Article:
Happy Hour, or How to Have a Cheap Night Out 101
When you’re in a thrifty mindset, you may start to feel like a hermit — to avoid spending money, you stick around at home. That is wise. You’re doing the right thing. But you’ve got to get out and socialize at some point. That’s when you need one of the world’s greatest inventions: happy hour.
How to Truly Take Advantage of Happy Hour
Yes, happy hour offers obvious savings on food and drink. Drink prices are often cut in half. There may be special food options or special prices on house cocktails. But to really optimize happy hour, you need to establish a relationship with a bartender at a place you enjoy regularly and probably attend at full-price times.
If you’re a nice, friendly person, bartenders typically want to keep you at the bar. They’re willing to buy you a drink or two to keep you there and coming back. (Another reason it’s good to not be a jerk!) They know you have choices about where to go — and that you could easily stay home with friends and a bottle of wine (or otherwise find cheap and free things to do), leaving them with an empty bar from 5 to 7 p.m. or whenever their slow hours are.
So let’s say you’re at a bar where the glass of wine you love is $10. During happy hour, you can get it for $5, so you have two. Your tab is $10. Then the bartender buys you one more.
Voila! You just drank $30 worth of wine for $10.
How much do you tip the bartender? That’s up to you. But if you put down a $10 tip, you still get a bargain: Your total cost is $20 for what would have normally been a $30 tab. And remember, a 20 percent tip on a $30 tab would be $6, bringing your non–happy hour total to $36.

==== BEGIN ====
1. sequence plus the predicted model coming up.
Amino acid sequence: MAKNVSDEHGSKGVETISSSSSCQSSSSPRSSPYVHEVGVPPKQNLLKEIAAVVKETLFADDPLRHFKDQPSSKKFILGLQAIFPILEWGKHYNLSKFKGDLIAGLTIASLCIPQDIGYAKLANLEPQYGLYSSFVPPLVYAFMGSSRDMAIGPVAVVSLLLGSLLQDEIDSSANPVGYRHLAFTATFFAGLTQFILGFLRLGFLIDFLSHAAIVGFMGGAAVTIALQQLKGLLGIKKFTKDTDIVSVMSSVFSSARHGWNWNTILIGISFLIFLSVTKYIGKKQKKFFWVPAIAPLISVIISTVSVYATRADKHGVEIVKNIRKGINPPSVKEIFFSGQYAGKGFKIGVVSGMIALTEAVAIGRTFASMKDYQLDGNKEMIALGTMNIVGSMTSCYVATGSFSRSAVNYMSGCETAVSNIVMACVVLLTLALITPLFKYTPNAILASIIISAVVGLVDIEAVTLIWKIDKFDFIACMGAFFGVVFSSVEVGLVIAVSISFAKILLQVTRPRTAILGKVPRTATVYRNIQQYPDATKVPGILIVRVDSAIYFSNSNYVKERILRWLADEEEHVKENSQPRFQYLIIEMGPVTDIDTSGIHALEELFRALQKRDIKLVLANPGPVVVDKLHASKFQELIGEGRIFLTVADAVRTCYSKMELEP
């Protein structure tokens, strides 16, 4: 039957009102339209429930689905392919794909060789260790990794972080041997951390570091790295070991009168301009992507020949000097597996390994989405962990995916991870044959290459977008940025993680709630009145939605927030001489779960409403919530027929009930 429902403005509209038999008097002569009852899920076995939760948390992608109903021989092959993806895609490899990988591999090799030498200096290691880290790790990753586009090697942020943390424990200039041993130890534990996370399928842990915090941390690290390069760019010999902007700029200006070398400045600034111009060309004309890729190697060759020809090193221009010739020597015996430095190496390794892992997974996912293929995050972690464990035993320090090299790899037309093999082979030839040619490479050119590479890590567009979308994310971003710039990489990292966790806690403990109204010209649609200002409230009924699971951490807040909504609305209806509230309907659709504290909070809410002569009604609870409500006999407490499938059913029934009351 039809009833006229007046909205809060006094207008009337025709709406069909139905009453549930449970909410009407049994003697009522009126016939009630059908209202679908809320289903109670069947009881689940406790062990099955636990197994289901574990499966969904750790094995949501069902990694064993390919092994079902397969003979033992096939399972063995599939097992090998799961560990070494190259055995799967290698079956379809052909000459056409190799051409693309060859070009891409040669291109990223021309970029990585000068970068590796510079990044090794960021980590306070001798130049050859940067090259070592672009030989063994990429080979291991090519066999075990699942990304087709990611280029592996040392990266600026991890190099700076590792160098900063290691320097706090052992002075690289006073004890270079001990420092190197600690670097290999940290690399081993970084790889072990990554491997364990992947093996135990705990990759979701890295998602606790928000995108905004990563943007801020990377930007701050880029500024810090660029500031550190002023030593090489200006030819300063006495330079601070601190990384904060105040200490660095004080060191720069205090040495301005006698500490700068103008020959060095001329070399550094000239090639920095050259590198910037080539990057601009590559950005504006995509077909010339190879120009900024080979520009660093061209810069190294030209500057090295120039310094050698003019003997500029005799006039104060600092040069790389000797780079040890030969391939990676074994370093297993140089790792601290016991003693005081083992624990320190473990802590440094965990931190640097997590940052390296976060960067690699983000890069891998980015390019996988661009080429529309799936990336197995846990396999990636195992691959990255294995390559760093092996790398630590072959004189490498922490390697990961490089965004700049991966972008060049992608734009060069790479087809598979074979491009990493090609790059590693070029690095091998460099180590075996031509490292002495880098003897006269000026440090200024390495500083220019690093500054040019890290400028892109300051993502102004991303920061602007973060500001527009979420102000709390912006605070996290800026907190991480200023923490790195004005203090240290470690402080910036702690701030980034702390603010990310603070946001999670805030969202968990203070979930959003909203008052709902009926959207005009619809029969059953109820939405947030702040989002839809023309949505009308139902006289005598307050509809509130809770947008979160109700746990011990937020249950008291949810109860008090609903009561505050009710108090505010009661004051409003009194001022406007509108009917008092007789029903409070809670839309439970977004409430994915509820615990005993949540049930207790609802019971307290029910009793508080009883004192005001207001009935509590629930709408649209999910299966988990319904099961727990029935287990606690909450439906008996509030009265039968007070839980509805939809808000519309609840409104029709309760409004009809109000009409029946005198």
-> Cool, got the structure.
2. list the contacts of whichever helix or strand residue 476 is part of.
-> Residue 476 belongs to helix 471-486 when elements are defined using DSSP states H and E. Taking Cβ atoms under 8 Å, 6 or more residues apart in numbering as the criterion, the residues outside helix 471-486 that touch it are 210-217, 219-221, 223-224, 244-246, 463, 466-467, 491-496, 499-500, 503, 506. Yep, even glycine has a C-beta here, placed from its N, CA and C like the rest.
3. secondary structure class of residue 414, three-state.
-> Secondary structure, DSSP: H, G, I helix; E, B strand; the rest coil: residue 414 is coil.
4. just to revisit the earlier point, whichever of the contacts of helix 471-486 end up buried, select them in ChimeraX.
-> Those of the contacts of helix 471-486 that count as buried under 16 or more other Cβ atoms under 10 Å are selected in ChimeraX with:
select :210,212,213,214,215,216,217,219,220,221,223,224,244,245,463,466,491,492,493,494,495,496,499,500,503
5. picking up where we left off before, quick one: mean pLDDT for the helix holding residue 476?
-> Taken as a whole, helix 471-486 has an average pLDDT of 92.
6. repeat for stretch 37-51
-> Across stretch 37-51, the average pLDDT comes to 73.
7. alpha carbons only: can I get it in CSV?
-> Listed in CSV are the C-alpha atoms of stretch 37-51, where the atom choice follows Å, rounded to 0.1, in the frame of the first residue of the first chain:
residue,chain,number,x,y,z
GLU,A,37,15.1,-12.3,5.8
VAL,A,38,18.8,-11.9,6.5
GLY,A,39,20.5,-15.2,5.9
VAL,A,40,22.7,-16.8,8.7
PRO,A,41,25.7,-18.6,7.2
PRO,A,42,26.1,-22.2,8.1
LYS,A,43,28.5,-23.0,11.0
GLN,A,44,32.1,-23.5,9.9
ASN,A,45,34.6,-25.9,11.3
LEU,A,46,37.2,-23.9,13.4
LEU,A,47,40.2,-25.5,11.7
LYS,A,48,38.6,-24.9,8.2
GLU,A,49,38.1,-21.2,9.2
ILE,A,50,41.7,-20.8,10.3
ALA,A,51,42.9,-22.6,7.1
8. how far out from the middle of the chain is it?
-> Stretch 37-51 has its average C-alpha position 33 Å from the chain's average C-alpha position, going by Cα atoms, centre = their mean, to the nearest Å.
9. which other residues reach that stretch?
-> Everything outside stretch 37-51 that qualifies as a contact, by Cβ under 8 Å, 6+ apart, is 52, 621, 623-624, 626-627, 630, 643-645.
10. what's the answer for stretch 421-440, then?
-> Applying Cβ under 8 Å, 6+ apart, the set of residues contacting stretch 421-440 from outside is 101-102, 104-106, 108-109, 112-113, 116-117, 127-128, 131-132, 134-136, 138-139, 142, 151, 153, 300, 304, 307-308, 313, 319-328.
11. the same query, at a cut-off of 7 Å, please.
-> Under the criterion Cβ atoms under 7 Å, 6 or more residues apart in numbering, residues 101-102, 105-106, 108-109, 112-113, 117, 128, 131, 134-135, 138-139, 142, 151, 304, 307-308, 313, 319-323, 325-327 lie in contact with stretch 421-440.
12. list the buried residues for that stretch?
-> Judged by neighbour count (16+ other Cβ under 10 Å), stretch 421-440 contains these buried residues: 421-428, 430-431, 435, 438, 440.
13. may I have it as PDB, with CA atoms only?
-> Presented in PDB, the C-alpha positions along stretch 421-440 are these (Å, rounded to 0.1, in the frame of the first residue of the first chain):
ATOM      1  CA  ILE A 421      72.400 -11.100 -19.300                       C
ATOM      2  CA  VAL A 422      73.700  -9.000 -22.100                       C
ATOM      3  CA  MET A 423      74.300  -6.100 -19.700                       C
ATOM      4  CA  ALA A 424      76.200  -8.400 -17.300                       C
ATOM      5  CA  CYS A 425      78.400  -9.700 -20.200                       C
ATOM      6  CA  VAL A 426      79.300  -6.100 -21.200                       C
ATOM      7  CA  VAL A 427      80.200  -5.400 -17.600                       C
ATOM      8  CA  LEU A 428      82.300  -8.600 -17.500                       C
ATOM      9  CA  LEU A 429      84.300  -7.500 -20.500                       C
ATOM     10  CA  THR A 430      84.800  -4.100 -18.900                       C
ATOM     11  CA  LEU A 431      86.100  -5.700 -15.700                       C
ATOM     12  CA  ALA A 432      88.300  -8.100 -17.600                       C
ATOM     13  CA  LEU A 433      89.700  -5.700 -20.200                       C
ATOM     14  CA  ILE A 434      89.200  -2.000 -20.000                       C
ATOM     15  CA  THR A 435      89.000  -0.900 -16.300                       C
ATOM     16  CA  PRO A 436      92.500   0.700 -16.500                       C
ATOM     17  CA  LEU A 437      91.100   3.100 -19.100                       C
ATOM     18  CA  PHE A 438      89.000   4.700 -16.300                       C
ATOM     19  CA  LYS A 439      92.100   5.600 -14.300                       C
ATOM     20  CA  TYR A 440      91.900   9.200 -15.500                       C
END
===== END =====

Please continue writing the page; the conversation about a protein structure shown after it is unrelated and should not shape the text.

That’s a bare-bones example, without factoring in any food or taxes. And after three glasses of wine, it might be hard to do the math on a bigger bill. So take your time and consult the calculator on your phone if you need to.
How to Have a Cheap Night Out: Additional Tips
For the truly thrifty who are drinking on a budget, there’s one more must-do move: Keep an eye on time. If you don’t, you’re likely to stay deep into the regular-price hours as you enjoy the camaraderie. This is when your friendly bartender’s buyback keeps you around and starts to cost you money. Now your $5 glass of wine is back to being $10, but you still have to tip generously to say thanks for the glass on the house.
If you’re watching the clock and thinking that you want to stay and party all night, maybe you give in. But remember that you have a choice. Take a moment. Go outside. Make a phone call. Think about your financial situation and your budget — and the hangover you’re probably going to face.
If you still go back and rack up a big bar tab, hey, have a good time. I’m not gonna judge. I’m still paying off bar tabs from 2014.